Heading toward a fuller understanding of what it means to live incarnational lives, whether you stay in your local parish or are sent out to cross into another culture and incarnate Christ in that context, we should first investigate some key words from the gospels to build an appropriate understanding of what it means to “bear witness” to the gospel. Witness , testimony . Maybe some of you have heard this before, but it is a good reminder: the word “witness” and “testimony” are the same word in the Scriptures. To bear witness, false witness, give a testimony, “his testimony is true”, and every other instance, are built on the same root word in Greek. And that is not all. The root on which they are built is the word martyr . So, intentionally transposing these words in English will help us feel some of the nuance that word holds in all of its various contexts: “There was a man missioned from God, whose name was John. This man came for a martyrdom , to bear forth a living martyrdom of

What Is the Difference between Missions and Evangelism?

What do all these words mean? That will greatly help us understand the commission given to Christians to “go and make disciples...teaching them to observe”. And particularly, we need to look at the difference between missions and evangelism. Missions . Think of the word missive , as in ‘to send out a missive ’. It is ‘to send’, which would mean it carries the same meaning as “apostle”, ‘one sent out’. A disciple is a learner, but the Disciples became Apostles when they were sent out. So, missions is when someone is sent. A missionary is the person who was sent. “Mission parish” is a small problem, unless we think of it only as a parish established in a place that required the Church to stretch out and develop a parish in a new place; that could be seen as ‘sending’, I guess. Evangelism . From the Greek word for ‘good news’ or ‘good message’. An angel is a messenger, and even in today’s English word, you can still see “angel” inside of “evangelism”. The word “evangelism” is directly tie

What Was the Gospel before the Gospel?

Trick question for you: what does it mean to “preach the gospel”? To tell others about the death and resurrection of Christ, right? Then, what did Jesus mean when he said to the disciples of John the Baptist: “‘The blind see and the lame walk; the lepers are cleansed and the deaf hear; the dead are raised up and the poor have the gospel preached to them’”? Jesus was not yet crucified and resurrected. So, what was this gospel they were preaching? And that is not the only challenging use of “gospel” in the Gospels. When Jesus sends out the Twelve, tells them to take nothing, staff, bread, or money; shake off the dust if a city does not receive you; the passage then says, “So they departed and went through the towns, preaching the gospel and healing everywhere.” And again, elsewhere, “Now after John was put in prison, Jesus came to Galilee, preaching the gospel of the kingdom of God, and saying, ‘The time is fulfilled, and the kingdom of God is at hand. Repent, and believe in the gospel.’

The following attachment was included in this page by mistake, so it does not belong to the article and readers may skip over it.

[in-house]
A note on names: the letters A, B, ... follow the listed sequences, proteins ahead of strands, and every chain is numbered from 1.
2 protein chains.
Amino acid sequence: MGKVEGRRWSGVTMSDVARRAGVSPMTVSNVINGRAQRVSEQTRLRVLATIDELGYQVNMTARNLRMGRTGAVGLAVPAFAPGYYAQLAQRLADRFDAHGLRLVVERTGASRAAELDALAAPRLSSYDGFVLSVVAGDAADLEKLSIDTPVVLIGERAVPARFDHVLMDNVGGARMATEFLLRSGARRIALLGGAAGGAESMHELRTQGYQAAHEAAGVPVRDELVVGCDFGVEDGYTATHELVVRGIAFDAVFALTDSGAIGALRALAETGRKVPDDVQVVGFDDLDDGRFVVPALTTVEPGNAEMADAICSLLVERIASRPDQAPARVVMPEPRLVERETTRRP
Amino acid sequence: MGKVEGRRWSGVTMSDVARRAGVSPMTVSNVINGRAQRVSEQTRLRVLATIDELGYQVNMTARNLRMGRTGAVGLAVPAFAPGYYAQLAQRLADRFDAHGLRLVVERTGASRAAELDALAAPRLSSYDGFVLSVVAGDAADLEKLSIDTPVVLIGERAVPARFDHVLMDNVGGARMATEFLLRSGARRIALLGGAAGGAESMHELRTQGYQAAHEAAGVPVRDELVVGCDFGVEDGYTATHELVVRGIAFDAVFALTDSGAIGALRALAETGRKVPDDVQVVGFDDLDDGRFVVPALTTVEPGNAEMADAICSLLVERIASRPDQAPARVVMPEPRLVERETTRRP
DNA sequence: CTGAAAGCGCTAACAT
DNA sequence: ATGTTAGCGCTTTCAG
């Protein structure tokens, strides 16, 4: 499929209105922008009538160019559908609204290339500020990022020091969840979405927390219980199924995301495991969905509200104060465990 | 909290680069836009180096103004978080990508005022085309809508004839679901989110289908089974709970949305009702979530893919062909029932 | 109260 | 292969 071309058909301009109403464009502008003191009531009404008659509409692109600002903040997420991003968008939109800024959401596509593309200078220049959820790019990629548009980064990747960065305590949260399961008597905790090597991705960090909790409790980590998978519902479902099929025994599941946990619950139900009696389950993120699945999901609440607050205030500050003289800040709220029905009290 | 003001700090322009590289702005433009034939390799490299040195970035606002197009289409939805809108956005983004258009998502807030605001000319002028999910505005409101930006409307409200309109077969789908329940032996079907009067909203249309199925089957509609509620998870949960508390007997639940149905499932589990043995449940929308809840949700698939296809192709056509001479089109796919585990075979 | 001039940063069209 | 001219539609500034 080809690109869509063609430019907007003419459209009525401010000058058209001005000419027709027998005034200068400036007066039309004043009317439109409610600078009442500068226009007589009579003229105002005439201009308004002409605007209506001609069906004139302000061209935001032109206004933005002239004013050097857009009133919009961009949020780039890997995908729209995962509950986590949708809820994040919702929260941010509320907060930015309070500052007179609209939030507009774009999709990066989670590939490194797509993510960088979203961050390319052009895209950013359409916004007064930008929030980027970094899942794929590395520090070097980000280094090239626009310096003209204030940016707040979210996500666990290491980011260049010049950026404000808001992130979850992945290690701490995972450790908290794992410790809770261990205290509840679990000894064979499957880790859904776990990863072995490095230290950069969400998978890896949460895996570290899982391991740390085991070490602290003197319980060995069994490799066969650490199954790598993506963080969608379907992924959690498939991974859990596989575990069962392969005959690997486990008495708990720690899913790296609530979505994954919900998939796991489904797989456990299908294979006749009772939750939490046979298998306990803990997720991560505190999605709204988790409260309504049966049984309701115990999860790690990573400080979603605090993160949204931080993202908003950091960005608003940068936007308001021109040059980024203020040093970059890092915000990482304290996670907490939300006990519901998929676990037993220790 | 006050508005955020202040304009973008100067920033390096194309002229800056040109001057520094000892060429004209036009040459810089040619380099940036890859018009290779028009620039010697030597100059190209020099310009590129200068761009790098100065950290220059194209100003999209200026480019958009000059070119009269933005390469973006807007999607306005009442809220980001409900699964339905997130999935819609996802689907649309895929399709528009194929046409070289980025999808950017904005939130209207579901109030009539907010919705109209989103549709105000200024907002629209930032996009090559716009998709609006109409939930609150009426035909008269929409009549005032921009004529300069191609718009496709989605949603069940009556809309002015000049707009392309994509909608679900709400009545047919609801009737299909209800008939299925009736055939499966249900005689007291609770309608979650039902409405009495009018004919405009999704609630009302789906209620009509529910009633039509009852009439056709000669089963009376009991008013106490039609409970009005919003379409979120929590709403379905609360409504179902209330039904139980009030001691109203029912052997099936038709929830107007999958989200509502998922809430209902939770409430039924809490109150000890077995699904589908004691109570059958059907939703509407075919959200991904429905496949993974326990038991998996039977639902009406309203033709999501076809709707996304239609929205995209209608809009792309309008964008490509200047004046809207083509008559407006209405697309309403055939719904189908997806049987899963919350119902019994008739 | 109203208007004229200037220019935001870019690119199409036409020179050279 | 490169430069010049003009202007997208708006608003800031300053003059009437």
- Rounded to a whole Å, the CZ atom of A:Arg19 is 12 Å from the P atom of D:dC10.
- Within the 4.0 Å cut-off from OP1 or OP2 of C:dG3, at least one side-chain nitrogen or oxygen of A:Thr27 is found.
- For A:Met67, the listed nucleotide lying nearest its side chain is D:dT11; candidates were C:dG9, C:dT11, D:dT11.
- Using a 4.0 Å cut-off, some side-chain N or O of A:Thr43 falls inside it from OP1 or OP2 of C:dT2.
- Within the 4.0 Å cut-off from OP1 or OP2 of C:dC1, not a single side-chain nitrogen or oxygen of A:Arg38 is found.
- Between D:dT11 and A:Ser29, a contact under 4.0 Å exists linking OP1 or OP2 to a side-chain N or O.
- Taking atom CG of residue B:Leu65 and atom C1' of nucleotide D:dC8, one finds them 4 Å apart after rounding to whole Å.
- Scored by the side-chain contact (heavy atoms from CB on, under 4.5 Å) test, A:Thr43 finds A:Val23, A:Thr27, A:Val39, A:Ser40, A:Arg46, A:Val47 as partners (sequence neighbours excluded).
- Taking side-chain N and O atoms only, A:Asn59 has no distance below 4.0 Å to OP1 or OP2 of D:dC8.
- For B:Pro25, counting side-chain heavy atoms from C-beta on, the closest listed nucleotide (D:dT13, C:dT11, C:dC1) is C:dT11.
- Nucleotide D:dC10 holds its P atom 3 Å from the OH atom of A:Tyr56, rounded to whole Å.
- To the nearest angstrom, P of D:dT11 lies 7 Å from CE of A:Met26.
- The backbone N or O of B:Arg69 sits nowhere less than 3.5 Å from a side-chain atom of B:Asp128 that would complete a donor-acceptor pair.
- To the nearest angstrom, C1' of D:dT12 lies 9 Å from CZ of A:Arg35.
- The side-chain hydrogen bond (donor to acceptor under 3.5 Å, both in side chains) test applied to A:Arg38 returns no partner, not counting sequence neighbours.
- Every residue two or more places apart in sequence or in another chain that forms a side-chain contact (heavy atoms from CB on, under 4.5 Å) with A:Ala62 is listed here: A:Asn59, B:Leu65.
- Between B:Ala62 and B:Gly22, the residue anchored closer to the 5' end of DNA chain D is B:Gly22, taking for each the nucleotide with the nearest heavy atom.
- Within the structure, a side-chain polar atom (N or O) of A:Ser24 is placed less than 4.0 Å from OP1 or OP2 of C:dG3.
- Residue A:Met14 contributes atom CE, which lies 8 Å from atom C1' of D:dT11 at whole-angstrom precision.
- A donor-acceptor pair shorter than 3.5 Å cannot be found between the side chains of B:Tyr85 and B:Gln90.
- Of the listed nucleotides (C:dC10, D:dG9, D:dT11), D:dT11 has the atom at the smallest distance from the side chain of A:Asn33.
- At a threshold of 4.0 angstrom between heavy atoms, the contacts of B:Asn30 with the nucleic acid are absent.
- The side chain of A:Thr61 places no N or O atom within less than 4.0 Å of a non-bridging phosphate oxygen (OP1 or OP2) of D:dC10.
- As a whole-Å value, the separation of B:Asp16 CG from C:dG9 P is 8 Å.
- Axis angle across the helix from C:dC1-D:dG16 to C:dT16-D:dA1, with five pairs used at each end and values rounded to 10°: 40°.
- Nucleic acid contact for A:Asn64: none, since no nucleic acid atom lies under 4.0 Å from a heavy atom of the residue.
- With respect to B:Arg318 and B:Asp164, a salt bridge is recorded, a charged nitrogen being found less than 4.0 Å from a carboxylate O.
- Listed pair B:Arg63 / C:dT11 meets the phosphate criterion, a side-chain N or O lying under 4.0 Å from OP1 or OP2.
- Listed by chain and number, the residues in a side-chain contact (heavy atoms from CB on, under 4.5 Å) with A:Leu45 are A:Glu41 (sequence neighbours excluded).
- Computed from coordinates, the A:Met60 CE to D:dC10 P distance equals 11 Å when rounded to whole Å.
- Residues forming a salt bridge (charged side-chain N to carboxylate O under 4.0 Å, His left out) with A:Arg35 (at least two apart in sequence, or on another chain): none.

Tabernacled in Us

Having grown up Protestant, books like Baruch were not in my Old Testament back in the old days. Don't worry, this is not that post, kicking up dust. Maybe some other day. I just came across a verse in the book of Baruch the other day that caught my eye, and I am glad it did. Especially in this Nativity season, as we prepare for the coming of God himself and his taking on of human flesh, the uncreated taking on created nature, this verse fits in perfectly. This is our God; no other shall be compared to him. … Afterwards, he was seen upon the earth and lived among men ( Baruch 3:36,38) . This clearly refers to Christ (...though I cannot figure out what the writer might have meant at the time of writing). This one simple verse holds the truth that sets Christianity apart from all other religions: God himself became man. And, in Greek, that is not "lived among men" as translated here and also in the Prologue of the Gospel of John in just about every translation out there.